How to fundraise successfully

Bali Hope team members have now raised over $250,000 since we started this project in 2017.

We are developing some great expertise in how to successfully fundraise and make change happen for the communities we support.

There are many ways to fundraise and of course some team members have advantages in terms of their background and the networks they have access to but we know that by taking the steps outlined below you have a great chance to meet and exceed yourt target.

This interview with Bali Hope ‘original’ Kyron Gosse outlines his approach to fundraising that successfully raised over US$10,000 in 2018.

Listen here:

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Step 1

Make the first donation on your EveryDayHero.com page

(Please create your page on the platform here)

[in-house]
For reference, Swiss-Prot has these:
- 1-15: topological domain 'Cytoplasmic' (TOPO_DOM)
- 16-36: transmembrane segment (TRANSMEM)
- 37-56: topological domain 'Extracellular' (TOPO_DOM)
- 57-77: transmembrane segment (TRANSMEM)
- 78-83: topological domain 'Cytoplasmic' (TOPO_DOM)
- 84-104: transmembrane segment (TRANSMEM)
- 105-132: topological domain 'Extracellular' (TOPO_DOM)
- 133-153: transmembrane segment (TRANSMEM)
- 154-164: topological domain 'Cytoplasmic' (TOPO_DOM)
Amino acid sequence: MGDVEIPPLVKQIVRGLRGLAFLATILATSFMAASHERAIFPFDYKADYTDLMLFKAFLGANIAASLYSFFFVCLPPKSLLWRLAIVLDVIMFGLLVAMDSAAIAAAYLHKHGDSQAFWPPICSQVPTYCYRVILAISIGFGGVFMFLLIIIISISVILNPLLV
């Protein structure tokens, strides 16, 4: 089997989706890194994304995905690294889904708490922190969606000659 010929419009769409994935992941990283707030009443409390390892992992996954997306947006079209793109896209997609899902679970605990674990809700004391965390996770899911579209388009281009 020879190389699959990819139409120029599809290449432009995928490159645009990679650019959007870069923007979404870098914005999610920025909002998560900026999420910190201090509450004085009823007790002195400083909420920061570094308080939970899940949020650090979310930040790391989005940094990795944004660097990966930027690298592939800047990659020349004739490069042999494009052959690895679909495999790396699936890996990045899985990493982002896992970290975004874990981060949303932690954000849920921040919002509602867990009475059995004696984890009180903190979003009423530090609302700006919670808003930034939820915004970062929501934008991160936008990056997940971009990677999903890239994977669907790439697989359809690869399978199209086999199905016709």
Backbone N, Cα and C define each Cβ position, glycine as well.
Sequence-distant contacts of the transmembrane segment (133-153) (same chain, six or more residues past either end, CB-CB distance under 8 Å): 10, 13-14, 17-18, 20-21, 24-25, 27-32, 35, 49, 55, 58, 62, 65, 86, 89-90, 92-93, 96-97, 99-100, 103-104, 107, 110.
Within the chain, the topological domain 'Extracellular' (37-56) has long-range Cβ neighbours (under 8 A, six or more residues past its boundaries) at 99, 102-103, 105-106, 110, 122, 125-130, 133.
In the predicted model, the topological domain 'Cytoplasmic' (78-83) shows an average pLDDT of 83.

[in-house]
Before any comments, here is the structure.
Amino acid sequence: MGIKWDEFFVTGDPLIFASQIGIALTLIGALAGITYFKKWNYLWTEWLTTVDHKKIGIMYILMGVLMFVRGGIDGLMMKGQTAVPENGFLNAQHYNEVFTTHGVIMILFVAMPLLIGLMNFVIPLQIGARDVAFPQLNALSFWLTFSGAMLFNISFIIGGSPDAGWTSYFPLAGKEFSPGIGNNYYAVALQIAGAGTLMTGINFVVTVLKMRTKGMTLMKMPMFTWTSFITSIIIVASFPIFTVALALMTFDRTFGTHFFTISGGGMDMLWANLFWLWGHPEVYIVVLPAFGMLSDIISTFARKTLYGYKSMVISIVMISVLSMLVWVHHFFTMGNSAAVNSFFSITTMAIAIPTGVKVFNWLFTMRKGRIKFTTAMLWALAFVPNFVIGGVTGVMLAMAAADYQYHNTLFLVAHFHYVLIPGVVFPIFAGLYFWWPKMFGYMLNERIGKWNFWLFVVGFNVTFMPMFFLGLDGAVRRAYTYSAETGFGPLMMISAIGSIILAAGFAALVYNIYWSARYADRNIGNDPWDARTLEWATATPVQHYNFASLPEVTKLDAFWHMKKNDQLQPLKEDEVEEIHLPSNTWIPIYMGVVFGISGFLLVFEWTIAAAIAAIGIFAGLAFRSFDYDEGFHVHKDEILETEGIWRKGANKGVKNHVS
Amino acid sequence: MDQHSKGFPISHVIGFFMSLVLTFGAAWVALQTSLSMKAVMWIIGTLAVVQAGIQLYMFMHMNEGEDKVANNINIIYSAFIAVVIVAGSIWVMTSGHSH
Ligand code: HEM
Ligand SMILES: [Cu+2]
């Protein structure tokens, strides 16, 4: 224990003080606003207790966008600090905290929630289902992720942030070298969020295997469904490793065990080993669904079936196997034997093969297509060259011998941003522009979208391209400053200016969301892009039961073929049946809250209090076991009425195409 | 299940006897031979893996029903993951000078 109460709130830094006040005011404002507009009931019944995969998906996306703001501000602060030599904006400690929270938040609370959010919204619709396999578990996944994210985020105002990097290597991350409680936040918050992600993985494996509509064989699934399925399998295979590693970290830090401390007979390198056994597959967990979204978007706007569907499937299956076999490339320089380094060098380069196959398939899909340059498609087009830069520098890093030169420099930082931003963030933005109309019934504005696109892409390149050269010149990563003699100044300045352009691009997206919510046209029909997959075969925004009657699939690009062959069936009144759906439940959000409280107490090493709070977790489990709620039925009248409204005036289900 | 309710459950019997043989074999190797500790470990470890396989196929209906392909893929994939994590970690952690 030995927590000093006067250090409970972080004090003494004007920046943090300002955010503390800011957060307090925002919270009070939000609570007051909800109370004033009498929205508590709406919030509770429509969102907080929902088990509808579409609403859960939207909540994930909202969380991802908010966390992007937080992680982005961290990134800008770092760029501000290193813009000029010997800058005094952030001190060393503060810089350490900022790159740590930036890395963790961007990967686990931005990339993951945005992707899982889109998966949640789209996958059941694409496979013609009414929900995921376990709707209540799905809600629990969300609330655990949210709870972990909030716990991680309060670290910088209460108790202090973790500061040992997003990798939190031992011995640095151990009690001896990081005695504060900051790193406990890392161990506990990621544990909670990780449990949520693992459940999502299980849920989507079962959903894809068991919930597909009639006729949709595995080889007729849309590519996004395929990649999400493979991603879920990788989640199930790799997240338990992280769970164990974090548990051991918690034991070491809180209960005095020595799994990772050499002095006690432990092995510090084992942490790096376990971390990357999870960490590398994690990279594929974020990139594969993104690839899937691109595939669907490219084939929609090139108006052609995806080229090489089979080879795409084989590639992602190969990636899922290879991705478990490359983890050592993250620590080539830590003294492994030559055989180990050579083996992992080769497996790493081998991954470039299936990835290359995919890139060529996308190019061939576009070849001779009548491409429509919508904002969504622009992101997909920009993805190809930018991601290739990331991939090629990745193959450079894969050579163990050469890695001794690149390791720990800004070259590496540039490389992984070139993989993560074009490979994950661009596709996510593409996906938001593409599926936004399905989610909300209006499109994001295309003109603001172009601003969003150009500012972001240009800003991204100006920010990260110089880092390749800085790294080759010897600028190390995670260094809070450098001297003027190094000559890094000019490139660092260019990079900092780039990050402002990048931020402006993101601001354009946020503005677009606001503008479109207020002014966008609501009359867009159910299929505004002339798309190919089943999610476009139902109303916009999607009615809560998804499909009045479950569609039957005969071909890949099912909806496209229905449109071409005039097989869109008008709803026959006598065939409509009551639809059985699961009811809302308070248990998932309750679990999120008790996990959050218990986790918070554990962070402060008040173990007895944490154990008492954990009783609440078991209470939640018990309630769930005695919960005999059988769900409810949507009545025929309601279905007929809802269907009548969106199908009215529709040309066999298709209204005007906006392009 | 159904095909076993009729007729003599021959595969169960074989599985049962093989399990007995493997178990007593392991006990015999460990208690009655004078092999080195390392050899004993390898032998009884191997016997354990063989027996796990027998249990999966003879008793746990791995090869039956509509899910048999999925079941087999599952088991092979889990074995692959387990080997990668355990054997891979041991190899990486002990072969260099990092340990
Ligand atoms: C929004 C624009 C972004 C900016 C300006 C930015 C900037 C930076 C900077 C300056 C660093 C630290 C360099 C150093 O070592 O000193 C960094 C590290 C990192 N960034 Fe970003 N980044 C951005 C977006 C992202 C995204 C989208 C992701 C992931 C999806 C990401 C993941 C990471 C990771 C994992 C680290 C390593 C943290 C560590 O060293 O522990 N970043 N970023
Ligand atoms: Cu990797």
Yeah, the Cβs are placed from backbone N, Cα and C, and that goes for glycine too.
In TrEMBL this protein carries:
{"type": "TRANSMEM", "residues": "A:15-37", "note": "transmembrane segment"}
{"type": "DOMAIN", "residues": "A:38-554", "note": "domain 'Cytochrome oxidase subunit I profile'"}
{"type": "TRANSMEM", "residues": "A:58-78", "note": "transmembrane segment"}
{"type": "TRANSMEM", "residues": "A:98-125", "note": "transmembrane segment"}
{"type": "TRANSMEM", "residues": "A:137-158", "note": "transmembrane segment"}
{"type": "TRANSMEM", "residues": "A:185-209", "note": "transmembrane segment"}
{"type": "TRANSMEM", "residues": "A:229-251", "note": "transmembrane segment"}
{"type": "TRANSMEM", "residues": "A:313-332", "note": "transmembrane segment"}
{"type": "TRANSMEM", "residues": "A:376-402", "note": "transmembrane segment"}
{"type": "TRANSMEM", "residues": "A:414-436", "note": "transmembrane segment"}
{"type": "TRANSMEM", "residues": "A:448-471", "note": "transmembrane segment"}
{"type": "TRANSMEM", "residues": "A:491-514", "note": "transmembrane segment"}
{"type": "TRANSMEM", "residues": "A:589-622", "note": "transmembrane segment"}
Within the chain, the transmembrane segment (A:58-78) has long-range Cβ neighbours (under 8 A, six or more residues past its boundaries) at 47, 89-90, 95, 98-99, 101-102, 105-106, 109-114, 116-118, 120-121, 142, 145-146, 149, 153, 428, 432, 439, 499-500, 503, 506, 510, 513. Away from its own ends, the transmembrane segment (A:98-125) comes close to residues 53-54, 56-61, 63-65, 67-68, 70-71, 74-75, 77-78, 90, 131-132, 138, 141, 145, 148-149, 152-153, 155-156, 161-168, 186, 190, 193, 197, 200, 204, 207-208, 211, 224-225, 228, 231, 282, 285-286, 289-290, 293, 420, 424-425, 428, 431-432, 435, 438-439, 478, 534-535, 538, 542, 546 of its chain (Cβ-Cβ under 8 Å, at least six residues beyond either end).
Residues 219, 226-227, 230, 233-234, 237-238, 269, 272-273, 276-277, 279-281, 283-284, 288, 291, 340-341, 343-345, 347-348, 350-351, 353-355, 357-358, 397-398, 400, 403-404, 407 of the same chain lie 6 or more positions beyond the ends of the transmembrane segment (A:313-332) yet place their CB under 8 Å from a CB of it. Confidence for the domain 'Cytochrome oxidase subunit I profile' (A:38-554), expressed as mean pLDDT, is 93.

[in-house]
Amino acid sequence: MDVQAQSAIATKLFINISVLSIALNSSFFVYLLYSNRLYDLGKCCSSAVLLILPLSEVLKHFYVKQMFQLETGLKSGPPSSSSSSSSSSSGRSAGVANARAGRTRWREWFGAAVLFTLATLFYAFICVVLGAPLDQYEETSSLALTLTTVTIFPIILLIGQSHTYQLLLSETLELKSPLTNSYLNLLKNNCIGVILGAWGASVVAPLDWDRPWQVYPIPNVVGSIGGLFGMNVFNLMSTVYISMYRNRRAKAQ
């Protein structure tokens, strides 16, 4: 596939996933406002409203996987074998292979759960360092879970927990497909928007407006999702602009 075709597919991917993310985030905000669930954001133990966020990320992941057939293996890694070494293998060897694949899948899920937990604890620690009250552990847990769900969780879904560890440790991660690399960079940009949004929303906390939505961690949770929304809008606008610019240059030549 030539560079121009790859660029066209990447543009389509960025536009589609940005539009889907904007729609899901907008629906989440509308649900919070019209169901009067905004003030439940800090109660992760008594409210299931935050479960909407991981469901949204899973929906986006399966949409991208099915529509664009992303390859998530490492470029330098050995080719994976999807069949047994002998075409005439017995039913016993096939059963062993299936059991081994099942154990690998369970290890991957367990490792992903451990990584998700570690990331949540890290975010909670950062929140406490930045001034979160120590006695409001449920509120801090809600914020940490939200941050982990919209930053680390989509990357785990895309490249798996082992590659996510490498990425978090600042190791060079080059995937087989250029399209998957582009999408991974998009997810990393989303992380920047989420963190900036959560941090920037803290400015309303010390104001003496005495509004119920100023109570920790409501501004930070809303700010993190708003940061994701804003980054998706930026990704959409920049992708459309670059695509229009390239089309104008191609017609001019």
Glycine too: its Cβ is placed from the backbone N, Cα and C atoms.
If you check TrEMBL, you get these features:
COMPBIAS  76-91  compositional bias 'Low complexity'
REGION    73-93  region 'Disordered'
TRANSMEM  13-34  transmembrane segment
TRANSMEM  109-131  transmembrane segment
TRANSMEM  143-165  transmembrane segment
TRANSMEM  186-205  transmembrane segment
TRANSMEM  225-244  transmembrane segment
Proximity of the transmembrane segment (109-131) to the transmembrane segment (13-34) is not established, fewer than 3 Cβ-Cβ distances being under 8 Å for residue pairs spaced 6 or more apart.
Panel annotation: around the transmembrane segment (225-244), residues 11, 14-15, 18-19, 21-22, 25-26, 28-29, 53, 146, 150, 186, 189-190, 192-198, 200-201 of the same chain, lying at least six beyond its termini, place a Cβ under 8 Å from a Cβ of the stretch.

Step 2

Share what you are doing on social media and the personal reasons of why you have joined. This can include the impact you will make and any deeper personal motivations. Make sure you use your EveryDayHero link. You can include this as link in you Instagram bio.

 

Step 3

 

Step 4

 

Step 5

Establish your fundraising target and break it down: raising US$5000 would require 100 donations of US$50.

Make a list of your most likely donors from friends, family and work colleagues.

From this list chose a top 20 and understand how much might be possible from these individuals. Often team members top 20% of donors will give over 50% of your fundraising target.

After raising awareness on social media, send personal emails to your list of potential donors. Do not send mass emails, instead make sure you personalise the requests.

Make sure you communicate how much impact a specific donation will make. For example that US$200 funds an entire year of primary school.

Make sure you thank you donors personally and share your fundraising (and training) progress on social media. As momentum builds and your network see’s your commitment you will start to donations come in.

Often friends want to donate but need a few reminders and will donate when they get down to it, so don’t take it personally if donations come in late.

From experience we find donations often come in during the days around the event.